kellie said...

Now we have to look at MAGNITUDE.

This year's staffing adjustments are greater than the staffing adjustments in any other year by an order of magnitude.

The ONLY data point we have is that SPS must hire an additional 45 teachers and that most of those hires are at middle and high school. But this is a NET number calculated after displacements in elementary schools. There were multiple elementary school that were over-staffed. So what is the total disruption? I can't even guess.

Enrollment projections have never resulted in the need to hire 45 teachers in October. And most critically, this was done after teacher RIFs last Spring.

Some staffing adjustments in October are indeed normal. However, extensive displacements and RIFs in the Spring followed by aggressive hiring in the Fall is not normal.

Another thing that was casually omitted is that while there are "some staffing adjustments in June," those adjustments happened AFTER RIF notices are required in May. Hmmmm ... anyone see a problem here???

The statement that the budget office is committed to making adjustments in June can be translated to .... "We have zero commitment to protect teachers." You need to make staffing adjustments in APRIL, immediately after post-open enrollment, in order to protect teachers.

kellie said...

There are so many more things to unpack in this video but I want to make a special call out on part time faculty.

CFO Berge, unironically, explained that it is much easier to add teachers in the Fall, in part because part-time staff will often add sections either for the year or until more staff can be hired, which protects students.

She failed to mentioned that a BUDGET DECISION virtually eliminated all part time staff last year. Last Spring the budget office unilaterally decided that school principals must pay for the health care benefits of part time staff out of their discretionary budget, without adding any extra money to that budget.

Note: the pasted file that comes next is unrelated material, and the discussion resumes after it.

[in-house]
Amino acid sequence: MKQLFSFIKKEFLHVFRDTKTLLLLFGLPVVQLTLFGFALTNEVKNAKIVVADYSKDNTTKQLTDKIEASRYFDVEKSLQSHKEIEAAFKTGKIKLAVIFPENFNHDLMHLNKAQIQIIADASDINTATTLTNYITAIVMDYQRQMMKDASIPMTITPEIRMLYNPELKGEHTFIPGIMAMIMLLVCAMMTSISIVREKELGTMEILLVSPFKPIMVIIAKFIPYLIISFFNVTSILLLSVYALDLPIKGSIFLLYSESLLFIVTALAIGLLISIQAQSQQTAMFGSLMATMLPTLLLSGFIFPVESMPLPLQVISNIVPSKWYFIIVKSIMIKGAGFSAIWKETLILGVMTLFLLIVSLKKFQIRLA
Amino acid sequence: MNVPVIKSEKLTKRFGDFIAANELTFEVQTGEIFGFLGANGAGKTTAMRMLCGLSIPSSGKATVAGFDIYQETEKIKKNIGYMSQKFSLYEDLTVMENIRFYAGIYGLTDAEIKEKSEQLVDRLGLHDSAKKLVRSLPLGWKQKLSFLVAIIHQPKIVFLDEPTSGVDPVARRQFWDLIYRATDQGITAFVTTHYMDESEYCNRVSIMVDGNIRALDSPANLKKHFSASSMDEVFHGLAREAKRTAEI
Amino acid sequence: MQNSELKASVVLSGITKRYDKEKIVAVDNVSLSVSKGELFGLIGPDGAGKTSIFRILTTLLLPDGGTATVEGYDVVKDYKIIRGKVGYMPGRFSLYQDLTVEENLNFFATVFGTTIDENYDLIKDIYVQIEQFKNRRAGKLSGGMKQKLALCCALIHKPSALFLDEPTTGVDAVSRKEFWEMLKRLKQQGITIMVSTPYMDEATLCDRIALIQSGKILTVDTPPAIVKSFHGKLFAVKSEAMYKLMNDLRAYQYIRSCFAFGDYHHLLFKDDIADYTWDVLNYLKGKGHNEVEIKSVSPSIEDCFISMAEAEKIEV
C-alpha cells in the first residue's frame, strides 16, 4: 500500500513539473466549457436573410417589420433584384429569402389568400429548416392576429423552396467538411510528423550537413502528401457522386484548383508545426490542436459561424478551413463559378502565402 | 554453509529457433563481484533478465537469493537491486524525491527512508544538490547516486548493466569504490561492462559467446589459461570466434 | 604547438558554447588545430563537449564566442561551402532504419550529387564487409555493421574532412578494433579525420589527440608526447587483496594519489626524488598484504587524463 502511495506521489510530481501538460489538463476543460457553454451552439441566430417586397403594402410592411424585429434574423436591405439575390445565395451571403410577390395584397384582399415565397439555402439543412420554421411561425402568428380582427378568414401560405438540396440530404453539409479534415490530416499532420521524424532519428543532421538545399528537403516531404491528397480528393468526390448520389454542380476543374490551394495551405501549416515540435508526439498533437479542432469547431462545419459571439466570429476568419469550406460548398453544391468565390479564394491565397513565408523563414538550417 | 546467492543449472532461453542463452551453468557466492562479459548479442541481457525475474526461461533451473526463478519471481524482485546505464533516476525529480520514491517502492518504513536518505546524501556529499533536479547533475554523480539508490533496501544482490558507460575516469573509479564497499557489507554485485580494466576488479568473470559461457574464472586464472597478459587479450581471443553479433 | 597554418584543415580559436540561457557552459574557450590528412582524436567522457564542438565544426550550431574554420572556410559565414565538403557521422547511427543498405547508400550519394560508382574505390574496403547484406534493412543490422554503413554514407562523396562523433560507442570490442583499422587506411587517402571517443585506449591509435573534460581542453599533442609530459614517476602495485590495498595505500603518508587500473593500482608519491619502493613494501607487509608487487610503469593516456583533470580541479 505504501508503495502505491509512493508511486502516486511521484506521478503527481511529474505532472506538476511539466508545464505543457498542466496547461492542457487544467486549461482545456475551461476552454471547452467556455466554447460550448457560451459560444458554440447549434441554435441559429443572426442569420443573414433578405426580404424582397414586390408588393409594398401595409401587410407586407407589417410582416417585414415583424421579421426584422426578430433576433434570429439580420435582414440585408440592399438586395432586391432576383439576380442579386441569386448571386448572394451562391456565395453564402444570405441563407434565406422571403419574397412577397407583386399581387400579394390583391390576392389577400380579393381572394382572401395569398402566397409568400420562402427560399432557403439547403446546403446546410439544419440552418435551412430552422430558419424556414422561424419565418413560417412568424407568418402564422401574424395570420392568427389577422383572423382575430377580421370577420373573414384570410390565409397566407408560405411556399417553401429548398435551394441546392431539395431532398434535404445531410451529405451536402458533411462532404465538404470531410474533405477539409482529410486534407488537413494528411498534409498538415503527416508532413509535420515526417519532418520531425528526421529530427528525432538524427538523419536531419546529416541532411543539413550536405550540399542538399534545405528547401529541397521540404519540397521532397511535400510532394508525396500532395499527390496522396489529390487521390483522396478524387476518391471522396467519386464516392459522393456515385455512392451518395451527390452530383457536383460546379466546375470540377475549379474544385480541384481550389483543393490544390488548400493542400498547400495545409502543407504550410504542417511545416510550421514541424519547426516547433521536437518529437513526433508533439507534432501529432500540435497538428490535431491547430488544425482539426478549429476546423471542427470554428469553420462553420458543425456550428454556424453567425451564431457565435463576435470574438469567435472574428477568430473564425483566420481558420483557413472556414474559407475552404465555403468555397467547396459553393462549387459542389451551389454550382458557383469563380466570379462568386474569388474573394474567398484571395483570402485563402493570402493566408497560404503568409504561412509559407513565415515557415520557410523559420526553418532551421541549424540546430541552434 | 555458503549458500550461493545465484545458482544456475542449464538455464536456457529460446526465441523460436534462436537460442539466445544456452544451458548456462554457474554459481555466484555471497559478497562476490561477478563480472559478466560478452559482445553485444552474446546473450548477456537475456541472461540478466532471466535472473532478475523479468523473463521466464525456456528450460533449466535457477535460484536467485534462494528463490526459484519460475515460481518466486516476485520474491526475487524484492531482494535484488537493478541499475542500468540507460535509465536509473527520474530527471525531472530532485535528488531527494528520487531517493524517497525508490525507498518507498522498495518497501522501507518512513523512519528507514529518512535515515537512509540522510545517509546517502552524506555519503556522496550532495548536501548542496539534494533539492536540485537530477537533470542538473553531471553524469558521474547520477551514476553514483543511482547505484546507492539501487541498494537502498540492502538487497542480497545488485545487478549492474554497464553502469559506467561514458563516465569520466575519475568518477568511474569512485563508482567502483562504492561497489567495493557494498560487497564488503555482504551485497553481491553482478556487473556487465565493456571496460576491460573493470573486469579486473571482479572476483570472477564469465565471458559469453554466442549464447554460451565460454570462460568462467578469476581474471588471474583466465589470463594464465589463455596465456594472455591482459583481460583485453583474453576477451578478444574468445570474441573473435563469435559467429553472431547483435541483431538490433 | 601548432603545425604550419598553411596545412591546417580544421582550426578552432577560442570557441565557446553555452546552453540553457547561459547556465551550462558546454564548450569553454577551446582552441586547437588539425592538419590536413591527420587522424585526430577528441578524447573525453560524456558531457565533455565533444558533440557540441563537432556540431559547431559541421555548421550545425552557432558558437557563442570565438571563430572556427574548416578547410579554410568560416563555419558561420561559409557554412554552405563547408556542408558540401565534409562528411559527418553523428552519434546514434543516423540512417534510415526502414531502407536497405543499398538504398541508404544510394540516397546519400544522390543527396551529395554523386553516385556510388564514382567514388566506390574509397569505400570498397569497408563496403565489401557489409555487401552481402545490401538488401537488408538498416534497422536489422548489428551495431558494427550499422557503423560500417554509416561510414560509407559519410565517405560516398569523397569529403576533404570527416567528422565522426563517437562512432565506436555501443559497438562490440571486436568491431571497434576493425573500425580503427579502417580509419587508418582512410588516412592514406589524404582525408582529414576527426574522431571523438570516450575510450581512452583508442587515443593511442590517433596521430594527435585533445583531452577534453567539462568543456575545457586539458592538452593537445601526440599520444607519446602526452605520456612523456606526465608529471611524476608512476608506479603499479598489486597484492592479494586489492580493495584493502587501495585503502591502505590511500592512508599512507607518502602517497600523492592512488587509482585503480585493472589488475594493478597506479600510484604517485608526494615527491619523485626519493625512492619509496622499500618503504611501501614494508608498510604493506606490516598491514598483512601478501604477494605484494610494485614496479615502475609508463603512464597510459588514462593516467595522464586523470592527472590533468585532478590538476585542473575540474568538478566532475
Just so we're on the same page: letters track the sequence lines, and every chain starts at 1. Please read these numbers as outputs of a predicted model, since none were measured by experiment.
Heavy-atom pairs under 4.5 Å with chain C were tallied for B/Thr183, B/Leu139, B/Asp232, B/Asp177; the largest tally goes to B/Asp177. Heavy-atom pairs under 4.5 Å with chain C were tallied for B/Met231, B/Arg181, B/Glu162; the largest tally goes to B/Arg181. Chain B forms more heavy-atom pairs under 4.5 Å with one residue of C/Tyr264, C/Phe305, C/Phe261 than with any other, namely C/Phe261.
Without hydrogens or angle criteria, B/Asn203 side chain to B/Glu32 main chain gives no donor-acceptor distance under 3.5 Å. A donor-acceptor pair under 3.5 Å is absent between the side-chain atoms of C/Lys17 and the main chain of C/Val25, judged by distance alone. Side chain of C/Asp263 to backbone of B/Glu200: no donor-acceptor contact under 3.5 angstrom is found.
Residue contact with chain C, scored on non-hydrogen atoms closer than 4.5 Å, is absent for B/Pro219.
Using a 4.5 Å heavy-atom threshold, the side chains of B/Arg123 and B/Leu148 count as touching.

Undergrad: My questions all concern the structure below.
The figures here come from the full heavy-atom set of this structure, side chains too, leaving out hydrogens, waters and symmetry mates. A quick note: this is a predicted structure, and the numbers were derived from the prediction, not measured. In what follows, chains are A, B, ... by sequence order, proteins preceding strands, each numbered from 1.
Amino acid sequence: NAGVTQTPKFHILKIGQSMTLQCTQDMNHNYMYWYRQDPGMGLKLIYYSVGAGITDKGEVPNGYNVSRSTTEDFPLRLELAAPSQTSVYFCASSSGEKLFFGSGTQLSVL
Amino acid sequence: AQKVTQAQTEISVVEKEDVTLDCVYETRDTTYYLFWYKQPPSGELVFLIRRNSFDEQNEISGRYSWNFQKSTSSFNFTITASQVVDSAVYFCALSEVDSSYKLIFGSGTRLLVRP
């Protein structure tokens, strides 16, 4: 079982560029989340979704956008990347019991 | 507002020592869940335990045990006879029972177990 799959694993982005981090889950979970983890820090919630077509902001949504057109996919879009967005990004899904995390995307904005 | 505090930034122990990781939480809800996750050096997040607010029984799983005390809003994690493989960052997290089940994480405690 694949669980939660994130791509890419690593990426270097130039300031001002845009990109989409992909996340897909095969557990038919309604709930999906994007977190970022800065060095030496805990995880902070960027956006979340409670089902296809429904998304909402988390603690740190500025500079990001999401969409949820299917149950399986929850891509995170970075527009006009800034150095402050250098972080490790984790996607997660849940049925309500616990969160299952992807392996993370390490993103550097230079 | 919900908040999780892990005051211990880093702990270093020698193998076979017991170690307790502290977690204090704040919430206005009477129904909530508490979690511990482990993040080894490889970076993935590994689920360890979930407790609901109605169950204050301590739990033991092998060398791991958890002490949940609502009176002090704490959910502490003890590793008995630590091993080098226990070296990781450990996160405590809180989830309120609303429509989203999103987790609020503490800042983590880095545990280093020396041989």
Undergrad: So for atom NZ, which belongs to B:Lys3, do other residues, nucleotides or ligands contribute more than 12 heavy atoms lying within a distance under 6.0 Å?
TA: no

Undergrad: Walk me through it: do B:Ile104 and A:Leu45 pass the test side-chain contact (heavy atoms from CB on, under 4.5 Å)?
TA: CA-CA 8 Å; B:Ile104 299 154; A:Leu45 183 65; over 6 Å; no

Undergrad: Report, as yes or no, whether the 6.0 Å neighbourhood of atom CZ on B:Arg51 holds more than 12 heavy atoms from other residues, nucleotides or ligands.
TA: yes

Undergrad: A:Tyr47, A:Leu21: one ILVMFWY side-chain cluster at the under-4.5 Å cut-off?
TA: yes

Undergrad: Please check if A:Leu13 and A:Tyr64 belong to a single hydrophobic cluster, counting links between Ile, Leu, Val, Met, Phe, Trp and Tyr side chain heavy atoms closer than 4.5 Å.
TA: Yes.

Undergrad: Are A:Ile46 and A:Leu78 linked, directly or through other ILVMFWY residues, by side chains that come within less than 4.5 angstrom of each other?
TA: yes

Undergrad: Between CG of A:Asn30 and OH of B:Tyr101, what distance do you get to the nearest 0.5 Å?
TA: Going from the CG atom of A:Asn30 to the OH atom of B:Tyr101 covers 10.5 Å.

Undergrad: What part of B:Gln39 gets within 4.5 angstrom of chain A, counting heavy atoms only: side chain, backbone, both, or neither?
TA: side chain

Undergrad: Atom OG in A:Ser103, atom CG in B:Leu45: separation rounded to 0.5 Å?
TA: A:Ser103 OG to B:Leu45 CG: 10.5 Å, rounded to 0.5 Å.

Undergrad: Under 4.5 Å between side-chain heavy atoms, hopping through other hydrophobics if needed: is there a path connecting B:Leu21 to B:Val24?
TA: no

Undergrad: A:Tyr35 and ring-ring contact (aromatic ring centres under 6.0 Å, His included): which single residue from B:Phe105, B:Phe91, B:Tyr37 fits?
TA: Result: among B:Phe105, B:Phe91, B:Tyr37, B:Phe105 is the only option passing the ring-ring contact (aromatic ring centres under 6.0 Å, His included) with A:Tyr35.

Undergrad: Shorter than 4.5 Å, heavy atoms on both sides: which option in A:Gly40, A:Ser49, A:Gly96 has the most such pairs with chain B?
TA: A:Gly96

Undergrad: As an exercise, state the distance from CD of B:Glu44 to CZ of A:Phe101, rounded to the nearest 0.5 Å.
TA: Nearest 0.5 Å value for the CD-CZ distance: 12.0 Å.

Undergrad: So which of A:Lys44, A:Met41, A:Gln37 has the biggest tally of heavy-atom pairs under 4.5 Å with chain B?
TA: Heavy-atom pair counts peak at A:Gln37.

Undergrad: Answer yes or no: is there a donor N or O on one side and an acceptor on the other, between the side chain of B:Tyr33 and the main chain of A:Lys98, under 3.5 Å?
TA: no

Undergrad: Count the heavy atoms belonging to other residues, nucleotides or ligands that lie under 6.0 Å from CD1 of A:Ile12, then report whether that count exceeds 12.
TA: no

This put school leaders between a rock and hard place. There was no real budget to pay for part time staff at the school level. Principals were essentially asked to pick between a part time teacher and paper for the photocopier. This was not a real choice. As such, there were virtually no part time staff to protect students in this manner.


Anonymous said...

@Kellie
Schools well over projections also did not receive back all the staff they lost. Garfield for example lost 11+ and I believe got back 2.5 FTE? The bottom line IMO is this was an intentional way to manipulate budget in an underhand way and starve many schools of needed staff.

Big Picture

Anonymous said...

One of the interesting things about putting the benefits of staff onto the school discretionary budget is that that budget is voted upon by staff as part of the budget process. It's already a challenge to have the BLT full of staff determine dispassionately what needs to be trimmed but then to also have to vote on spending super scarce discretionary dollars on part time staff benefits? Many of these staff in my experience are part time due to child care or health issues. Do we then say to them that in order to protect scarce discretionary dollars they either go full time or go away? Or we try to protect staff filling overflow or niche roles and simply lose our scarce discretionary dollars.

Mr. Theo Moriarty

kellie said...

@ Concerned Parent.

I concur with your assessment of Eric Blumhagen's article. The bottom line is that we need a budget process that prioritizes students and teachers. This laissez-faire approach of we just need to "wait and see who shows up" is a central office centered process.

kellie said...

@ Big Picture,

I agree completely. The entire point of the Weighted Staffing Standards is to ensure a minimum amount of resources at every school. This is why this enrollment-work-around is so problematic. By deliberately crafting unrealistic enrollment projections, you manage to avoid providing that guaranteed floor.

As to Garfield (as well as all the other high schools), in the absence of hard public data, all we have are rumors and innuendo. At the moment, public data is hard to come by. You have to either request documents from the board office for the last several board committee meetings, or make public records requests. (as a side note, all of the notes, emails and the script for this lovely video are subject to public records requests - that would be an interesting batch of documents)